Uber scores a big win in legal fight to keep drivers as independent contractors

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A three-judge panel ruled in favor of Uber in a long-standing lawsuit that could have a profound impact on the future of ride-sharing and the gig economy.

The Ninth US Circuit Court of Appeals issued a decision Tuesday reversing the class certification order in the case of O’Connor v. Uber, in which Uber drivers argued they should be categorized as employees rather than independent contractors. The judges nullified the decision on the ground that Uber’s arbitration clause prohibits class actions.

“We have, unfortunately, been long expecting this,” said Shannon Liss-Riordan, an attorney representing Uber drivers in O’Connor. She cited the Ninth Circuit’s previous ruling against Uber drivers, and the US Supreme Court’s decision in Lewis v. Epic Systems earlier this year, in building up to this decision. “Those two previous rulings,” she said in an email, “removed one of our remaining arguments for why Uber should not be able to use its arbitration clause to avoid certification of a class for its widespread labor violations.”

The Ninth Circuit ruling impacts a consolidated appeal of 11 pending cases that essentially boil down to the same issue: should drivers be considered employees? If so, can they sue as part of a class-action lawsuit? With today’s ruling in favor of Uber, drivers will be considered contractors — and they won’t, as is currently the case, receive numerous benefits. “We are pleased with the Court’s decision,” a spokesperson said.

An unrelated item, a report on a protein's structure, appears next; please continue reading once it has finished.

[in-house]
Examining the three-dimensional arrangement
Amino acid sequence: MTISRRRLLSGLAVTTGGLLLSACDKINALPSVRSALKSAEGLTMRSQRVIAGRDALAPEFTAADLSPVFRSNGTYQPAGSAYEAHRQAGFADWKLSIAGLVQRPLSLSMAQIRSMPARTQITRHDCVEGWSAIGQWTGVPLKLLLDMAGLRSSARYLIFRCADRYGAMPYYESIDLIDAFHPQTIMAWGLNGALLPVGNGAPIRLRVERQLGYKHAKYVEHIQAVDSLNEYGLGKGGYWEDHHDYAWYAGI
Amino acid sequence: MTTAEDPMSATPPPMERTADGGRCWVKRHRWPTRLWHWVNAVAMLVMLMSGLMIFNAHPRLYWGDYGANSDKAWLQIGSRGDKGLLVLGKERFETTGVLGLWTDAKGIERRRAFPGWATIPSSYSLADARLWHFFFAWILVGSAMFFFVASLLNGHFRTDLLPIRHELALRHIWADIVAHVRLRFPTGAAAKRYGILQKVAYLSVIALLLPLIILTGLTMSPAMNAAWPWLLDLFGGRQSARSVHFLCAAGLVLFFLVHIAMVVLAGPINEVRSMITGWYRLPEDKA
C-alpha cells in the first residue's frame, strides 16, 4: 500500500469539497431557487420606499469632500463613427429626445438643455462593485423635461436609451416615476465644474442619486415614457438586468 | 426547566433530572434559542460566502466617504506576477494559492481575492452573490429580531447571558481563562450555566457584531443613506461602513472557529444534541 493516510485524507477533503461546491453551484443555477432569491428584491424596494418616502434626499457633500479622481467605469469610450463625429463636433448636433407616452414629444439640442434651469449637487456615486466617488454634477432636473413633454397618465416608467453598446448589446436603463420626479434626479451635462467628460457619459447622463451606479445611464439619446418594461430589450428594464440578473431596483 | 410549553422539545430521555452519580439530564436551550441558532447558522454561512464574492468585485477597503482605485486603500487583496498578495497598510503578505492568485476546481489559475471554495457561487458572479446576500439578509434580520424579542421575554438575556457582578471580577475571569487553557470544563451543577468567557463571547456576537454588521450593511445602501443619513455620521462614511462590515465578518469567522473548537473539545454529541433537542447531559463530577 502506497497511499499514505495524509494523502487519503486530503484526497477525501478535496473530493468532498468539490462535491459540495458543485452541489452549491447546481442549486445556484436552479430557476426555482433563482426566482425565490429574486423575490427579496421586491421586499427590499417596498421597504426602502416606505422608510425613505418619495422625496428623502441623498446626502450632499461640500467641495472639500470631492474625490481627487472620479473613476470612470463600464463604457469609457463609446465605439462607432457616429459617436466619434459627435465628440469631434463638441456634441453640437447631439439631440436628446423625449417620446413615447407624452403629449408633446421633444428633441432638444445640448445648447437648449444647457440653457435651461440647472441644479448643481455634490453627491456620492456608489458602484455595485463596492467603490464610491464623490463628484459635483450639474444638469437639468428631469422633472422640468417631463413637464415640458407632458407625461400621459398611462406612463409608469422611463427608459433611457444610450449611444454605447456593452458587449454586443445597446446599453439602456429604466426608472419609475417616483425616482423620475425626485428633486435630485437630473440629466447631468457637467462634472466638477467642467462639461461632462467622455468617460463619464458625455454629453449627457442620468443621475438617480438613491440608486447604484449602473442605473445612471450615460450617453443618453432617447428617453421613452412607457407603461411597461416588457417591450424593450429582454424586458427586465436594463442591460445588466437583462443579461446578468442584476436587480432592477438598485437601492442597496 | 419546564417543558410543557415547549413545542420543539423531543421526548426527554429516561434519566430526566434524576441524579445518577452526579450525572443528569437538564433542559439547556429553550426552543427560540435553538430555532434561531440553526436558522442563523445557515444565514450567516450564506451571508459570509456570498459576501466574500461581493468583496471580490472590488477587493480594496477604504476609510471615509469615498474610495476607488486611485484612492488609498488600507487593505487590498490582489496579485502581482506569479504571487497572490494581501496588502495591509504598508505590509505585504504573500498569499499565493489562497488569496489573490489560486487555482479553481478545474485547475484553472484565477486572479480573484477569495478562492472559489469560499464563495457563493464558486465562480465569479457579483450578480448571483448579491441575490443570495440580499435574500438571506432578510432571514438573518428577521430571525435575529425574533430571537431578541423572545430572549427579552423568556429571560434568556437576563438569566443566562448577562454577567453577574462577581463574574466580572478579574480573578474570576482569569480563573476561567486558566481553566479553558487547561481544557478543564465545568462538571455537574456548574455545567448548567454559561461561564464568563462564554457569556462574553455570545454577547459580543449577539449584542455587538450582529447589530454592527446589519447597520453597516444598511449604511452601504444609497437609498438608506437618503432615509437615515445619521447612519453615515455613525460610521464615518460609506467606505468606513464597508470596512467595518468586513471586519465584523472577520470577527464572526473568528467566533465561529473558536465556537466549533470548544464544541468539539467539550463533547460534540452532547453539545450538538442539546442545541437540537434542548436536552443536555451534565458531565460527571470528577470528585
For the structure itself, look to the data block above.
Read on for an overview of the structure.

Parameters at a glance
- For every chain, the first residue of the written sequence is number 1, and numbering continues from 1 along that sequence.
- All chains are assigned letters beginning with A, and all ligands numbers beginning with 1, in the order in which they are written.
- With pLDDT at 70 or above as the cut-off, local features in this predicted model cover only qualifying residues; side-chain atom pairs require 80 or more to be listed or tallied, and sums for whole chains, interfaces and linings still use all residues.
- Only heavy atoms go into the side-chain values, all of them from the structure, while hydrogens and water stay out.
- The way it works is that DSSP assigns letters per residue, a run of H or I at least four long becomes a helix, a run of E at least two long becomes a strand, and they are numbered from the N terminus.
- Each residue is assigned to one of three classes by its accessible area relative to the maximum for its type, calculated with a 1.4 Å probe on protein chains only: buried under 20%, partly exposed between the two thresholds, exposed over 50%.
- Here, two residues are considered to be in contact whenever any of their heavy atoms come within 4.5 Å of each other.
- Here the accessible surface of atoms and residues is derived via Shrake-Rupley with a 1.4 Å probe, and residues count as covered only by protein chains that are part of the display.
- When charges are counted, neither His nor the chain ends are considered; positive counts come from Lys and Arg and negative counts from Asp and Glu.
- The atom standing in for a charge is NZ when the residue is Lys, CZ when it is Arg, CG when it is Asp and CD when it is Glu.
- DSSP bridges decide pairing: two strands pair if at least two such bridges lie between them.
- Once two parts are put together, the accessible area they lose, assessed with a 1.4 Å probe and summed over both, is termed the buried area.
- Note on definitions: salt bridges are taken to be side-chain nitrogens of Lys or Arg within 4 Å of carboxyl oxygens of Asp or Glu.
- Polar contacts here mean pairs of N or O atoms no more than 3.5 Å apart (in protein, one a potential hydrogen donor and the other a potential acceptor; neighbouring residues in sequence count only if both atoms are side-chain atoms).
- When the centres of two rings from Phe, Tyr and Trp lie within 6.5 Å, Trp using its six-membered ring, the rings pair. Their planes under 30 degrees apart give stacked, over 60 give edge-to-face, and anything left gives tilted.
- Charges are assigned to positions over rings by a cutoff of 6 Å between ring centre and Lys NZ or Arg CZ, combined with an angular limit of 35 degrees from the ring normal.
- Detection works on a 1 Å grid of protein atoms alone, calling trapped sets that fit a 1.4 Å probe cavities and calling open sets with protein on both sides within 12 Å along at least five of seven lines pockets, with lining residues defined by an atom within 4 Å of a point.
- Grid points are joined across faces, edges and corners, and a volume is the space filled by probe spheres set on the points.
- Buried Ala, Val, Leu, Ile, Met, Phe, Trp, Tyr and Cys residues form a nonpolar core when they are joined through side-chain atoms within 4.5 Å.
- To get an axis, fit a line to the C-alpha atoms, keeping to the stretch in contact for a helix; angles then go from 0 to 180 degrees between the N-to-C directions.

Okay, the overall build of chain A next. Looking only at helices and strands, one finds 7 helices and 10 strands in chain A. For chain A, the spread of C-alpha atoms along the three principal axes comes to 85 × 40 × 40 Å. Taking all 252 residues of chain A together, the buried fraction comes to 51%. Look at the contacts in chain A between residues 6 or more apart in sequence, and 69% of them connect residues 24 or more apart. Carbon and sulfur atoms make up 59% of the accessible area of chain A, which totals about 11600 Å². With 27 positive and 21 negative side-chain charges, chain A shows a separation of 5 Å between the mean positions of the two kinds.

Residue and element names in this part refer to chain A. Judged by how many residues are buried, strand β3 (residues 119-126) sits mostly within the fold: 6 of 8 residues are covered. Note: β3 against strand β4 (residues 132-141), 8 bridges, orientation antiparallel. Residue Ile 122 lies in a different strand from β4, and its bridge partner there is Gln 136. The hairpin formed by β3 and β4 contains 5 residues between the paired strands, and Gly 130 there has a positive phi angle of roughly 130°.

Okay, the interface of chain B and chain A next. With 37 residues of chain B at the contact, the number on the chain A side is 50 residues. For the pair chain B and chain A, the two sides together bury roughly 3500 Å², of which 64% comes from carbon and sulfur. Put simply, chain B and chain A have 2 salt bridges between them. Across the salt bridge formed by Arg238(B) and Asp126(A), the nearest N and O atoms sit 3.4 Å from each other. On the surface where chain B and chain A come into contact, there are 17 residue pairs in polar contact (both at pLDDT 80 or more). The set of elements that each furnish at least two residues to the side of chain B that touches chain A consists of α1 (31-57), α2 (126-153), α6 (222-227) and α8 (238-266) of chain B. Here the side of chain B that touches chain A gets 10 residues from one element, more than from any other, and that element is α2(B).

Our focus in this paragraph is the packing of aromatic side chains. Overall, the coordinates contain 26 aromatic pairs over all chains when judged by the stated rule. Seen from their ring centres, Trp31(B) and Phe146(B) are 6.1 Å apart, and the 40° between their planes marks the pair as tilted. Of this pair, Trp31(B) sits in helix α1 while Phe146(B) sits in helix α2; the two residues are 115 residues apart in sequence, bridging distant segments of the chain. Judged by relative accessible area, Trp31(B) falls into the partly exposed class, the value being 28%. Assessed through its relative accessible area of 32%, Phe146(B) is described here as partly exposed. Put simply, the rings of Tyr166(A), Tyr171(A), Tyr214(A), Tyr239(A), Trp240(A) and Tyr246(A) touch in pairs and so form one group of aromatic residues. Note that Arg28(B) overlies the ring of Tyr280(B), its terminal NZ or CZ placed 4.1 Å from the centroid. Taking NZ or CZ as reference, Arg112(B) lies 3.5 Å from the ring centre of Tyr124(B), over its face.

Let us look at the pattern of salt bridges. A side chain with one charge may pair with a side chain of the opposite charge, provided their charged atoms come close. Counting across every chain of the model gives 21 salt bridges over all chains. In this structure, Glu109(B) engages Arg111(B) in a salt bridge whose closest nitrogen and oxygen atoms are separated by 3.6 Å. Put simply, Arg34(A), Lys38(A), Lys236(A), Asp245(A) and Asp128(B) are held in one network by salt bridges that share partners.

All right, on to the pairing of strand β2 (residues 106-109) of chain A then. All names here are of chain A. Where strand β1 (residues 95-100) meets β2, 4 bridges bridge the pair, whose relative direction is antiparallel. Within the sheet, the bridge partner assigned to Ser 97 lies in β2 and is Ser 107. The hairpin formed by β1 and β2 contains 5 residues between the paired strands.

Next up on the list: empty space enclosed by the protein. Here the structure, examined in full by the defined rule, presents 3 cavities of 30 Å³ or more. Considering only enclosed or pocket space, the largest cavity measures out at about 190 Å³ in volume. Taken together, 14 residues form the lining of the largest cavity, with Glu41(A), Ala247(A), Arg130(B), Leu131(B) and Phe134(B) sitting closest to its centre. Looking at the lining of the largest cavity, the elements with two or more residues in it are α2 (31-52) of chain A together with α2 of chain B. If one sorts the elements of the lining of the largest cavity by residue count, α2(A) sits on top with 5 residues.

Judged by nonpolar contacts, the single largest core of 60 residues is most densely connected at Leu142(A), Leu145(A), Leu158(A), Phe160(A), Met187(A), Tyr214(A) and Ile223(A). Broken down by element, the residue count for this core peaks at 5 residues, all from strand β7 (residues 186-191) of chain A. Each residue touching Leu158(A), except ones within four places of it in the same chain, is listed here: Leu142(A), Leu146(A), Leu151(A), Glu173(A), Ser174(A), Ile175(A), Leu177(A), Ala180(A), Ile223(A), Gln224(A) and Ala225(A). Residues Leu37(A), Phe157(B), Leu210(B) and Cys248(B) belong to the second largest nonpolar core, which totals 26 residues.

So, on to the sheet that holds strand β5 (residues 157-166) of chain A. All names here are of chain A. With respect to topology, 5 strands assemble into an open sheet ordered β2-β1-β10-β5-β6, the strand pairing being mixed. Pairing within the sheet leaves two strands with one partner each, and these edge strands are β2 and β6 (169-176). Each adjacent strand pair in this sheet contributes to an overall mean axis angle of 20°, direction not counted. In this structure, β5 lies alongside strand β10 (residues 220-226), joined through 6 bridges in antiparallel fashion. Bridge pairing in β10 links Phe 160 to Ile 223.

When prospective drivers sign up with Uber, they agree to waive their right to sue in favor of arbitration, a private, quasi-legal process that generally favors corporations over individuals.

The main case, O’Connor, has been winding its way through the courts for over five years. It was almost settled in 2016, when Uber agreed to pay as much as $100 million to the roughly 385,000 drivers represented in O’Connor and one other case, so long as it could continue to classify them as freelancers. But the settlement was later rejected by a federal judge, who argued that the amount was insufficient.

With the loss of its class certification, drivers involved in the lawsuit are running out of options. Liss-Riordan said she is considering an en banc appeal, in which an appeals court agrees to rehear arguments.

“In the meantime, because the Ninth Circuit reversed the district court’s ruling on Uber’s arbitration clause, we are urging all Uber drivers who want to pursue these misclassification claims to contact us immediately to sign up for individual arbitration,” she said. “Thousands of drivers have already signed up for individual arbitration. If Uber wants to resolve these disputes one by one, we are ready to do that — one by one.”